First things first
Published 12:00 am Sunday, July 19, 2009
Your message to young people in your July 10 editorial, “Learning,” was they must live within their means. This is true; however, first they must learn how to stop government spending!
We know our economy is deliberately being bankrupted. Our tax dollars are being used to bail our banks, etc., and aid money is still being poured into foreign countries. Yet you talk of Americans looking for a silver lining? We and the Joneses are worried about food, clothing and shelter — staying alive!
Have your editorials warned citizens about the evils of socialism? Our young and old have no idea the horrors people endure under communism. Have you written how our Constitution guarantees men the right to keep their earned wealth and property though they were not born into the family of a king, a dictator or a high government official?
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Many scientists have said there is no global warming. Where are the articles about small businesses which did not benefit from the billions of taxpayers’ bailout money and how the high costs of energy will force them to close?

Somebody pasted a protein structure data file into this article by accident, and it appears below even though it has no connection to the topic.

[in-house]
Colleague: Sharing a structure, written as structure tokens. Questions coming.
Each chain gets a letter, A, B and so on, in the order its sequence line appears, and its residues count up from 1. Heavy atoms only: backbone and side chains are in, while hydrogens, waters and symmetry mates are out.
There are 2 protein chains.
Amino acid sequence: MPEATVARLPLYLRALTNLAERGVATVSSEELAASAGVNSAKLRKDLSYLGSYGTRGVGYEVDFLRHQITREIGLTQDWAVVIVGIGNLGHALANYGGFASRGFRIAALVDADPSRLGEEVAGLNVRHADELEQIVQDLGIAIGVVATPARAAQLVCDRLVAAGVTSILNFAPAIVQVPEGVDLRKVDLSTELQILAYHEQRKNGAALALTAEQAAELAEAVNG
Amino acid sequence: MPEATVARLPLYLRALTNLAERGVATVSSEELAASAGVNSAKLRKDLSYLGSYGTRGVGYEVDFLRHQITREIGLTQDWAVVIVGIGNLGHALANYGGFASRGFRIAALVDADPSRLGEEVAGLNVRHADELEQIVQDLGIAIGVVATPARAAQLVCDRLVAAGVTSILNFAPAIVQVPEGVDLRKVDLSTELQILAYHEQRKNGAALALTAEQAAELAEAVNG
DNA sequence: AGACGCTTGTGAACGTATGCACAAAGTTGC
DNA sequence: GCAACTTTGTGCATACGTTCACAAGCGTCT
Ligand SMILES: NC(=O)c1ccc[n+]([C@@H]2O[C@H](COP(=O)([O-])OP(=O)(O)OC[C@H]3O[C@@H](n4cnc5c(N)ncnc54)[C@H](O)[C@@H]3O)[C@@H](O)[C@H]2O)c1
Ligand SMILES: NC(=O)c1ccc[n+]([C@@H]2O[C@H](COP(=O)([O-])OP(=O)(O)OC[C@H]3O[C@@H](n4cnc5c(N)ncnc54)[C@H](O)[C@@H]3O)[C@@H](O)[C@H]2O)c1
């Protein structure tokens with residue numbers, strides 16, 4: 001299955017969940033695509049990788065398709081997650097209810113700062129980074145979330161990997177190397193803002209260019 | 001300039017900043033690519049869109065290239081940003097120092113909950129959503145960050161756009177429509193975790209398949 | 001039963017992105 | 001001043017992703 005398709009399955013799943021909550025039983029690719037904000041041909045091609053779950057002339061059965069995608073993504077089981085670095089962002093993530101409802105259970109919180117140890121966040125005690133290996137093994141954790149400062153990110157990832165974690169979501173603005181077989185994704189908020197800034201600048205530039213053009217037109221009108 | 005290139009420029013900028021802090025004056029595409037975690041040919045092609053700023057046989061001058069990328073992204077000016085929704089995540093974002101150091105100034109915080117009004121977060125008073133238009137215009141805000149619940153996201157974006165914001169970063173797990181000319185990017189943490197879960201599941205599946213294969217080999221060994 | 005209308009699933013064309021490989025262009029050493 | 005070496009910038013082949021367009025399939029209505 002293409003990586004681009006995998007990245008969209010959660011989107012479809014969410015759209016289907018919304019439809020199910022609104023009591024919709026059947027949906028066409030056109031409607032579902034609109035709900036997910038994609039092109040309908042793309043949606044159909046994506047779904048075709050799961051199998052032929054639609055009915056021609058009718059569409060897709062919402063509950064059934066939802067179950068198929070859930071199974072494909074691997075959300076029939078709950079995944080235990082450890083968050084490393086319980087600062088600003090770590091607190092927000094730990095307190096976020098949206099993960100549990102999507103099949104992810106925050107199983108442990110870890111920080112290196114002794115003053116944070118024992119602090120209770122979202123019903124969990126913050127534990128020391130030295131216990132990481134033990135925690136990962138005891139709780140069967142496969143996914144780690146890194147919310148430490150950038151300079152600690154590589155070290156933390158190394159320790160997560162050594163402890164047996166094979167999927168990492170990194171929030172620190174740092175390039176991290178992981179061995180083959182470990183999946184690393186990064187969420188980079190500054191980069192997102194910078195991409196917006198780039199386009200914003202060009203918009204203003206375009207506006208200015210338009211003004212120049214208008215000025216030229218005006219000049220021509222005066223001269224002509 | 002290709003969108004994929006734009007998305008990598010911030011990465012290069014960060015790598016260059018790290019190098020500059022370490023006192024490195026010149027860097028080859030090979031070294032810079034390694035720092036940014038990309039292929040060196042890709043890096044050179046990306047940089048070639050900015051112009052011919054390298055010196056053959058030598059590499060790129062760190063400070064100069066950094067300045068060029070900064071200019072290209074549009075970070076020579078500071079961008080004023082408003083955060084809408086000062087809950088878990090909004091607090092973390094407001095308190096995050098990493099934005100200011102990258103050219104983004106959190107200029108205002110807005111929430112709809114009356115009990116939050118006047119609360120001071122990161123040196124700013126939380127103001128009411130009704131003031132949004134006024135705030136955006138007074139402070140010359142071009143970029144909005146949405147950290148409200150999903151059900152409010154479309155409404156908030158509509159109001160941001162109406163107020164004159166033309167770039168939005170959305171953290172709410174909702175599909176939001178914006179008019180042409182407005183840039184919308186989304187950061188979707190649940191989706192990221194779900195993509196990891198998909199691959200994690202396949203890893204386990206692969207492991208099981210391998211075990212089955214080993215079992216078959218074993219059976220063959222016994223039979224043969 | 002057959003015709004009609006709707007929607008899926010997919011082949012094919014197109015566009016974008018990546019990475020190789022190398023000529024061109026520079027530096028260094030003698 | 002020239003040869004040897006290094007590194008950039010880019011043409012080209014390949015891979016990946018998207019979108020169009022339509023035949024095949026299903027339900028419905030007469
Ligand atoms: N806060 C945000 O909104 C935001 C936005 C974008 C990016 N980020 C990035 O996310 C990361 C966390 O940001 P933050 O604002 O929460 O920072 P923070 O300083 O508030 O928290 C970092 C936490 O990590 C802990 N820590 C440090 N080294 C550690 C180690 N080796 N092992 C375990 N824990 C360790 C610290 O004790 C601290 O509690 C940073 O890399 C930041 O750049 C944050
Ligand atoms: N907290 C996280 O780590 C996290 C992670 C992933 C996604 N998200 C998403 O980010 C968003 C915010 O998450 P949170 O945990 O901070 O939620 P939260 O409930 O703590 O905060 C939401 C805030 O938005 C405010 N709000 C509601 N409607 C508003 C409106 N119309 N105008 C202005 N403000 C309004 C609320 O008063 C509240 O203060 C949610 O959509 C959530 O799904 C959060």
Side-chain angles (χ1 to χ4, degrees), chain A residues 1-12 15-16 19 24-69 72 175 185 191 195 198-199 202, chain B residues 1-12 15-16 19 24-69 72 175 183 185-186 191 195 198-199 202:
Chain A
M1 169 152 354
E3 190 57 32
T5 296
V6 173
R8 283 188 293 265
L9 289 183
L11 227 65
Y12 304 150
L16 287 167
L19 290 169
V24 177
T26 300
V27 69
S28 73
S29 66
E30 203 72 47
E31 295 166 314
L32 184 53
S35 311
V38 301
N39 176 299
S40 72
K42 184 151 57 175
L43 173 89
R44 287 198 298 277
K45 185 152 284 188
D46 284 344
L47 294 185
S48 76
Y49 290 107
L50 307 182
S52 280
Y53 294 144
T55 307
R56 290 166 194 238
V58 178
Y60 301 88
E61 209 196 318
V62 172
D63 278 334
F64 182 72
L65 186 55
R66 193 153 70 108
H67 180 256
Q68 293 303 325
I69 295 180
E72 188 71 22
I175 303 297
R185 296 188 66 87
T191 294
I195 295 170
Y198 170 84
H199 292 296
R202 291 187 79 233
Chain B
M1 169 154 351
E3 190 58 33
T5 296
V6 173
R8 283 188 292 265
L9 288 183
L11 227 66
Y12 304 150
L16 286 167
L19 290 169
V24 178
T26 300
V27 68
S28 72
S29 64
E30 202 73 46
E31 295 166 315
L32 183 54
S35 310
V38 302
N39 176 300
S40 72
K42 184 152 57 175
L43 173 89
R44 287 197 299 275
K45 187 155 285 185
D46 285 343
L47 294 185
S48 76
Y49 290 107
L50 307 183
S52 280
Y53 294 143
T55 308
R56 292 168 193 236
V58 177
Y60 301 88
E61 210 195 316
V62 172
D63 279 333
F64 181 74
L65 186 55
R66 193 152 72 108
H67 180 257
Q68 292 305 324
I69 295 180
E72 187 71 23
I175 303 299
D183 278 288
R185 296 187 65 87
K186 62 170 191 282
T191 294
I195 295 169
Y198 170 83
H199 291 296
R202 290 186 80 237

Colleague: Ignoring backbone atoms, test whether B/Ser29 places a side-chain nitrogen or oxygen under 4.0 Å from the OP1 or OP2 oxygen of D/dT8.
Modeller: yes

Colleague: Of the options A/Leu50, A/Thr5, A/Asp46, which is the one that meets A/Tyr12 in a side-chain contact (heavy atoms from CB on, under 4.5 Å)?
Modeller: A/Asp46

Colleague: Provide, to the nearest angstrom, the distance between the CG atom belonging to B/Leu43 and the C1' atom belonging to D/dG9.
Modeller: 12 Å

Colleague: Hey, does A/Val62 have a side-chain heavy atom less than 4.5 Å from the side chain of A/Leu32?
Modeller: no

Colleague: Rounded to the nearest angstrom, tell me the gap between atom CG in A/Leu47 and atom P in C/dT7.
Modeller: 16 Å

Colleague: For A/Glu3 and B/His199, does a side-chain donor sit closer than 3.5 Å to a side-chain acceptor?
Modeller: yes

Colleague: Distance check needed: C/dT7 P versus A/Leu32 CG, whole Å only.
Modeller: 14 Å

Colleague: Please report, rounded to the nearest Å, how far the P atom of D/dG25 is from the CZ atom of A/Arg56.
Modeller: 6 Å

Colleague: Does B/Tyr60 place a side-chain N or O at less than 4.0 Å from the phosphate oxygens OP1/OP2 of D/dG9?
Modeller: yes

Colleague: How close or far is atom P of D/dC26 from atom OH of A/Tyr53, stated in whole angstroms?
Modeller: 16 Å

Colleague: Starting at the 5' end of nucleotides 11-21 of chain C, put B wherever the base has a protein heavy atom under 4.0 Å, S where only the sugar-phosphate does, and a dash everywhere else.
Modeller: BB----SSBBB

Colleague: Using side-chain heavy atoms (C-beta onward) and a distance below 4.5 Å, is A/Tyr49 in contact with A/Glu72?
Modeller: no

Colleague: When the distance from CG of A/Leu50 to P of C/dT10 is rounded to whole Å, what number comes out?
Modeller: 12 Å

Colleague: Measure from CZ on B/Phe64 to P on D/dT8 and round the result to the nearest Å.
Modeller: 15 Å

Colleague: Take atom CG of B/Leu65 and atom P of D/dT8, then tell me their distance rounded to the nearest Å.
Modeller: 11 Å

Trees cut for toilet tissue can be replanted and grow even better when forests are thinned. Oil and gas is plentiful in our country, enough to last hundreds of years. Why does government not allow its use? We need to hear about the Federal Reserve and the differences between a democracy and a republic.
Please consider what Thomas Jefferson advised: “The issue today is the same as it has been throughout history, whether man shall be allowed to govern himself or be ruled by a small elite.”
Let George Soros apologize for his yearly trillions; I will not apologize for my good life in America!
Learn to be leaner
As executive director of the Mississippi Against Obesity Foundation, I know that Medicaid and Medicare are spending between $1,400 and $6,000 per person per year on health care. It is ironic that neither entity will provide coverage for diet, nutrition, exercise or weight-loss programs. To sugar coat it, we have the highest rates of hypertension, diabetes, kidney failure and heart disease. Prevention and intervention are the key, aside from costly gastric surgeries that are sometimes performed twice with much complication. Health-care reform is highly warranted and health education is something we can’t do without.